The food and drink industry has been warned it needs to dramatically step up efforts to reduce food waste, after a new report from Wrap showed progress had gone into reverse. The report on the first year of the Courtauld Commitment, which launched in May 2013, showed the amount of waste from manufacturers and retailers had actually increased (by 0.1%), to 2.76 million tonnes, against a target of a 3% reduction by the end of 2015.

Despite nearly 50 companies who were signed up to the deal reporting increases in recycling and recovery and less material going to the sewer or landfill, Wrap said a more joined up effort was needed across the industry or it would fail to hit the target.

The slump in food waste reduction is in stark contrast to efforts to reduce the impact of carbon from packaging, which Wrap revealed was down by 4.5% in the first year of the agreement, well ahead of the 2015 target of a zero increase. Wrap said that despite the slowdown on overall waste, there had been a big increase in the volumes of unsold food redistributed for human consumption, almost doubling from 21kt to 38kt.

“I am delighted that progress on the packaging target has exceeded expectations and redistribution has increased significantly,” said Dr Richard Swannell, director of sustainable food systems at WRAP. “There is still much to do before the end of this third phase though, with the biggest challenge being the manufacturing and retail target. We will be working closely with signatories to help ensure all the targets are met.”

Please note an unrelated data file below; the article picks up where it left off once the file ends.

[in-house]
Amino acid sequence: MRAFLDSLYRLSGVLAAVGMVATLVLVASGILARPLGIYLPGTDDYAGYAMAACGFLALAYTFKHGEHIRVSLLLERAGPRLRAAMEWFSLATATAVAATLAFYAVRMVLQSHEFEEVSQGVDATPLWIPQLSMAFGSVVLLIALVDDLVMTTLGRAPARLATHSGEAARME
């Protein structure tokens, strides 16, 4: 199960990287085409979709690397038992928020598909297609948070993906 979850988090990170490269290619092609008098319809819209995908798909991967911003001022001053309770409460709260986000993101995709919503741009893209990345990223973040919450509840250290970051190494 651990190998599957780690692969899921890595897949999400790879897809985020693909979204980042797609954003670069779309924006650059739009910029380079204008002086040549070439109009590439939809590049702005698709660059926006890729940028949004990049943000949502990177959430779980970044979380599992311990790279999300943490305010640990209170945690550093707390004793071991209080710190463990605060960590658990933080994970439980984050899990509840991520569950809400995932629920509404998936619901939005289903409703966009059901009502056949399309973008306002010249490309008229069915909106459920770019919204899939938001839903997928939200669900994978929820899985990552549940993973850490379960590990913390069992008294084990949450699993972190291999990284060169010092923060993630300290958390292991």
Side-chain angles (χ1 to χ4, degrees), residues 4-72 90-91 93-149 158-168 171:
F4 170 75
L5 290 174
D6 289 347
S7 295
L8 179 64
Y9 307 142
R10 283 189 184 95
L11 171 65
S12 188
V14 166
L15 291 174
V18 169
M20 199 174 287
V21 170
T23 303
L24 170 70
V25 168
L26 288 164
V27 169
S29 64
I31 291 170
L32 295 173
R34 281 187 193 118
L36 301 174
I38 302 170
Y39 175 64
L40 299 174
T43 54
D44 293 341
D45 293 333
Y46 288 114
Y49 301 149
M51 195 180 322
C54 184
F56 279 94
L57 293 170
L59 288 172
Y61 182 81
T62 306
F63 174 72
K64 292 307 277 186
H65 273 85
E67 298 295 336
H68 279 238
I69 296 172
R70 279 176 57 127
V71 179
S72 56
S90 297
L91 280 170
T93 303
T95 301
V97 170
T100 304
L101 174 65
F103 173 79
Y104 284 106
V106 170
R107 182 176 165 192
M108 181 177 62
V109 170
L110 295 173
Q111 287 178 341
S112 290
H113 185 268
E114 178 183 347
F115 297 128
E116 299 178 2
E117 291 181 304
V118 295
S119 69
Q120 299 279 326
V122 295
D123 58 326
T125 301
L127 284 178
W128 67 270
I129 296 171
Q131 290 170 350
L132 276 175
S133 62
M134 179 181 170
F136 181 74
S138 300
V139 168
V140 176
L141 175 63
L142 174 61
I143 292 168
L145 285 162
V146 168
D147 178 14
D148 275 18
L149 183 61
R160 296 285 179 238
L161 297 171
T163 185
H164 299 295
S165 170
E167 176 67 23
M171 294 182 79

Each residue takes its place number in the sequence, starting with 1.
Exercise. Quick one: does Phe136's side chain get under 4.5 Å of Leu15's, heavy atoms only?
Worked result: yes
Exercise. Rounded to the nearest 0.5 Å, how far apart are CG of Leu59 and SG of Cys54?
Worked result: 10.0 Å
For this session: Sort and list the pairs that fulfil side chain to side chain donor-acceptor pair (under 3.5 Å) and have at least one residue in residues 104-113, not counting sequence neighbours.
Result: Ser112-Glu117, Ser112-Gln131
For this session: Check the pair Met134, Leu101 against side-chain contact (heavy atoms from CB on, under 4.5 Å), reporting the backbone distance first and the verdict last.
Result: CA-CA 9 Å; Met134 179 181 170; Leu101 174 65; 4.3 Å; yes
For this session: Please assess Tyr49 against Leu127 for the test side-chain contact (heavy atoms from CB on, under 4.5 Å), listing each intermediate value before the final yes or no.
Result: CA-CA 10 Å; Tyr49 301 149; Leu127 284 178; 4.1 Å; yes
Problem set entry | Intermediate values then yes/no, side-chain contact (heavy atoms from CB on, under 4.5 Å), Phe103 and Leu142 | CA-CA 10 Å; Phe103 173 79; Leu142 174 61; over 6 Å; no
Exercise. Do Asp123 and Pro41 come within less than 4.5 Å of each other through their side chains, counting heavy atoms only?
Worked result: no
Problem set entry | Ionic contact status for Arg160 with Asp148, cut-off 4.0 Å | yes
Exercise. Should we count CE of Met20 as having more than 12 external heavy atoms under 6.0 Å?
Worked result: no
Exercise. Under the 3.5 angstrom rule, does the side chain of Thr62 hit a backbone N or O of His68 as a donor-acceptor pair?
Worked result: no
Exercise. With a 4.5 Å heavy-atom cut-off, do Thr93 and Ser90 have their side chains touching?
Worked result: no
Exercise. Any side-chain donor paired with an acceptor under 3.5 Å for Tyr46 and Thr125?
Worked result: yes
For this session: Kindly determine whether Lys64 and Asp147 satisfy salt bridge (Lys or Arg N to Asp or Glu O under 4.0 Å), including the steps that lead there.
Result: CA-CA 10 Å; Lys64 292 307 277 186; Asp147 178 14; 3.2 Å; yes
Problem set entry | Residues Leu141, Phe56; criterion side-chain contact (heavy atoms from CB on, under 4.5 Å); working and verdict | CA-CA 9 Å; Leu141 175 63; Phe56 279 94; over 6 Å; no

In a separate report, also published today, the Environment, Food and Rural Affairs Committee (EFRA), claimed that the amount of food being redistributed was “pitiful” compared to that being wasted.

“The work of charities and supermarkets to redistribute surplus food via food banks is commendable but the amount redistributed is pitifully small compared to the amount of good food that currently goes to waste,” said committee chair Anne McIntosh MP.

Whilst the report accepted there was “no magic bullet” for tackling the levels of food waste in the UK, and praised the work of retailers in assisting charities with the redistribution of surplus food, it called on Defra to lead a much more co-ordinated approach.

Last week BRC figures revealed that the leading supermarkets in the UK wasted 200,000 tonnes of food in 2013, although it said that this was a fraction of the 15 million tonnes thrown away in the UK each year, with household waste by far the biggest cause.